My happy place. In fact, everyone in our group loved this day. From my 3-year-old nephew to my young-at-heart dad (who asks that I not reveal his age), we all screamed as we hit chilling speeds via our tube train. The conveyer belts take you to the top of six different runs, making this an activity the whole family can do for several hours without tiring. They also have a few small amusement park rides that the younger kids enjoyed afterwards. As a bonus, I got to wear my super cute Tory Burch boots, one of the few cold-weather fashion items I own.
My 7-year-old niece loved the all-day school. During the last hour, she was so good that we all skied green trails together until the place closed.
The Shell Station at the corner of Hwy 48 and County Road 532
Our official pitstop after skiing and tubing for hot chocolate and firewood. Dear owner of said Shell station, please make sure that at 5 p.m. your hot chocolate machine does not break down. It is a highlight of coming off the mountain. Don't let it happen again.
The new gondolas at Ski Apache opened after we'd left. So technically we didn't get to love it, but I know we're going to love it when we go back.
Shopping at Ola Lola
Such a welcome treat and such a nice way to get a sense of the town. The kids loved the Monkey Farts bath salts by All Lathered Up that I bought them. Who doesn't love monkey farts?
Against the grey backdrop of the lift chair, quite possibly the most beautiful thing I've ever seen.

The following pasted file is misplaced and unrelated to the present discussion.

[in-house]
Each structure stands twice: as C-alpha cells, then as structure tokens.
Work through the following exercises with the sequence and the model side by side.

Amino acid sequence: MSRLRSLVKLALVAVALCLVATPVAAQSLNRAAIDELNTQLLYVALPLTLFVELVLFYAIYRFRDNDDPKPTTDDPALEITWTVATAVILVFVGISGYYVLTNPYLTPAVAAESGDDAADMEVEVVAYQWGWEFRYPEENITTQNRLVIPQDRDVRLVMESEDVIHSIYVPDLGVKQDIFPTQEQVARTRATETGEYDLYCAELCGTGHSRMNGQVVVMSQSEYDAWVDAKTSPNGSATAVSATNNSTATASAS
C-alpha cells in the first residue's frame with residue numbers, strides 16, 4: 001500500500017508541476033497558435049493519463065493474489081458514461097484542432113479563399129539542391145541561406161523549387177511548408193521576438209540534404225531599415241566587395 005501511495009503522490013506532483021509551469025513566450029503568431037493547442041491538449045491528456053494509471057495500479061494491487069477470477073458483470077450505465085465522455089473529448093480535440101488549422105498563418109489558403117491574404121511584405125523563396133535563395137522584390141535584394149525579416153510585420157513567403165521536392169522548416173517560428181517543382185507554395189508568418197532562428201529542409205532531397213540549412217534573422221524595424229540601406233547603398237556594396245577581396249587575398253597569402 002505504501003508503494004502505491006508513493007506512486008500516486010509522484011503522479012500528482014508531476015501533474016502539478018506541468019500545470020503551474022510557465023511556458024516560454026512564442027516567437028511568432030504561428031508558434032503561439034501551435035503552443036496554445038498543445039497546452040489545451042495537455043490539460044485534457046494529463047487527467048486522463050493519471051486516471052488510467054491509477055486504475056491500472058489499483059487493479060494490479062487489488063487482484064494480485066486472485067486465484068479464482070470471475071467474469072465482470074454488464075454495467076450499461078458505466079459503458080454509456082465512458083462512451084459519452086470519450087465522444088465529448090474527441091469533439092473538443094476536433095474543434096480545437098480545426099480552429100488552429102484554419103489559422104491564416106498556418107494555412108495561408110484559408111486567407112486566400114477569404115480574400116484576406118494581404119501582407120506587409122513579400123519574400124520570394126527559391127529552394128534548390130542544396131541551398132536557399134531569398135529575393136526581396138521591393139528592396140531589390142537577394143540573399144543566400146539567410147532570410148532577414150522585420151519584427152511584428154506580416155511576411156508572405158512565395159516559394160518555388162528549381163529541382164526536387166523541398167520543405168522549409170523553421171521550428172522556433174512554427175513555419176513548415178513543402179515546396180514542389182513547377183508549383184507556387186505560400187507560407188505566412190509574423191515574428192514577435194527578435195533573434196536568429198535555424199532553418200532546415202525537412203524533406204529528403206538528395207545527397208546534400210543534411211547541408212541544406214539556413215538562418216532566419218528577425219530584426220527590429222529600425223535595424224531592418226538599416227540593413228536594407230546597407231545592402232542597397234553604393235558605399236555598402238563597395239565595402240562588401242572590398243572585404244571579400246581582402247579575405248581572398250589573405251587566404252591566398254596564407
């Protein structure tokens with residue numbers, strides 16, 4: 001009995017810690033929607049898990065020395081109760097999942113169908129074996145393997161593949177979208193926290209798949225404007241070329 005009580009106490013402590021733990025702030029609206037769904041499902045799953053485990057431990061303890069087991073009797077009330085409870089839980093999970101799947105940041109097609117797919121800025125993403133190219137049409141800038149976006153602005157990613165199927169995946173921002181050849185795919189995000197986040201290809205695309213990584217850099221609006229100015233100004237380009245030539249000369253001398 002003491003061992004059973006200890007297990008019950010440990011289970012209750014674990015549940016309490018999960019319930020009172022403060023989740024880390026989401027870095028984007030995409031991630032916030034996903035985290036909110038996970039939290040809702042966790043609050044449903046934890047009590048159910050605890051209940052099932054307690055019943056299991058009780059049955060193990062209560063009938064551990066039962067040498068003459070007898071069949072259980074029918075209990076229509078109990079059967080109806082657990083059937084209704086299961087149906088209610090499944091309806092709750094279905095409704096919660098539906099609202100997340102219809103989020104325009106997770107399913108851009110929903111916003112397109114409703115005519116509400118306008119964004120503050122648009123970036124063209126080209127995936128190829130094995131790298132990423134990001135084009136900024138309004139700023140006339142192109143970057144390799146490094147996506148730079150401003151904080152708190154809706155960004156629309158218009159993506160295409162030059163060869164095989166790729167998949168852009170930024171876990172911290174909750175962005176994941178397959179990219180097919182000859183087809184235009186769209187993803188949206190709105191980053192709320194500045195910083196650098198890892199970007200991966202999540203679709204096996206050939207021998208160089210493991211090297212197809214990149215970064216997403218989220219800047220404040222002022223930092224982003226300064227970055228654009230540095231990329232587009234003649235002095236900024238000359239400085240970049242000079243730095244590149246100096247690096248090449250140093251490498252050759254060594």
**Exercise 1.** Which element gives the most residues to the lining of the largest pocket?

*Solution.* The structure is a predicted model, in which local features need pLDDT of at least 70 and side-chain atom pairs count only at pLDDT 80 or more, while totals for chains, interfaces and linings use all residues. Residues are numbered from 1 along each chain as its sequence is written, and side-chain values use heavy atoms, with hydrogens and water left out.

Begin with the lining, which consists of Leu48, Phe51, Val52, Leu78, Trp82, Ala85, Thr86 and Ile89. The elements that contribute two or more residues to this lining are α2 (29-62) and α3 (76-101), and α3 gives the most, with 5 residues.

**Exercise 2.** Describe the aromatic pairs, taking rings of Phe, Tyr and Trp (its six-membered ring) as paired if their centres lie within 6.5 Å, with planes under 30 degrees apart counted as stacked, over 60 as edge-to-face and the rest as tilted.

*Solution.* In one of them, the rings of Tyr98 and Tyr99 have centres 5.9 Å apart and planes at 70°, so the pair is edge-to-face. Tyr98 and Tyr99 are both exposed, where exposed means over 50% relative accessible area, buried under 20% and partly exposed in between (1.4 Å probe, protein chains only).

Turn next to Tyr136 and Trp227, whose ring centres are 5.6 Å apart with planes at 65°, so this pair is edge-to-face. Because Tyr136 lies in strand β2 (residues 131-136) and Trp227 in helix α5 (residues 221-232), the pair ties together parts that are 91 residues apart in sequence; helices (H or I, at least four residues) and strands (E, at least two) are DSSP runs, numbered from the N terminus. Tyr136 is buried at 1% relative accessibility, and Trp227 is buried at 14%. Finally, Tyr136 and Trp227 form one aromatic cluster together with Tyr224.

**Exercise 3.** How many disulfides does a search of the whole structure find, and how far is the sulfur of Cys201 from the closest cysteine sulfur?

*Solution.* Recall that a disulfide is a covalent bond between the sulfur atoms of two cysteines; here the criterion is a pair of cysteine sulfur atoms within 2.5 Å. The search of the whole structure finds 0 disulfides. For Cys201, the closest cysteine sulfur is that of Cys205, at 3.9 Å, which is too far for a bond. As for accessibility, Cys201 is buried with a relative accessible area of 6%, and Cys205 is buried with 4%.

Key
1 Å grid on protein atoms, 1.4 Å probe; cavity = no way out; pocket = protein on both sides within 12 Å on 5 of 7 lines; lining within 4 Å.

Stratego, Monopoly, chess. If this makes me a nerdy mom, then I don't want to be cool.
Who wear sweaters and love a toasty fire. Specifically, my sister-in-law's dog, Daisy. That little white furball wore a different sweater every day.
I saw some great parkas and accessories coming down the mountain. Unfortunately, I wasn't wearing them. (I mean, I was admiring a dog's winter fashion.) This is an area I need to improve before next ski season.
DID NOT LOVE
I watched my brother almost get smushed by my sister's SUV when he tried to push it up the hill in the snow. Without going into gory details, please do not stand behind a large SUV while it is sitting on ice. While you're at it, make sure your car is an all-wheel drive or put on chains on the tires BEFORE you attempt to drive up a snow- and ice-covered hill. My husband and I rented a Chevy Equinox, which we nicknamed The Superhero Car because it got us through every treacherous road condition effortlessly.
No Hot Toddies on the Slopes
Ski Apache is at the end of a windy, 12-mile road leading from the outskirts of Ruidoso to the mountain. It is part of Inn of the Mountain Gods, which provides free shuttle for their guests to and from. For some reason, I always drive every year, every trip up and down. And because I'm never a passenger, I have to delay my boozy après ski until I get back to our home. Rough life.
No game of Monopoly should last five hours. Especially if you are on the losing end.
To me, it's like eating sunflower seeds. So much preparation and work for such little reward, unless you count the snow blob my kid and his cousin made, a magnificent sculpture seen in the photo at right. But I do it for the kid, and he will never know any different. (Well, until he becomes a die-hard Fathom reader.)
PLAN YOUR TRIP
Fly: El Paso International Airport (ELB) is a two-and-a-half hour drive from Ruidoso; Albuquerque Internationsl Sunport (ABQ) is three hours.
When to go: Ski season runs from Thanksgiving until the end of March.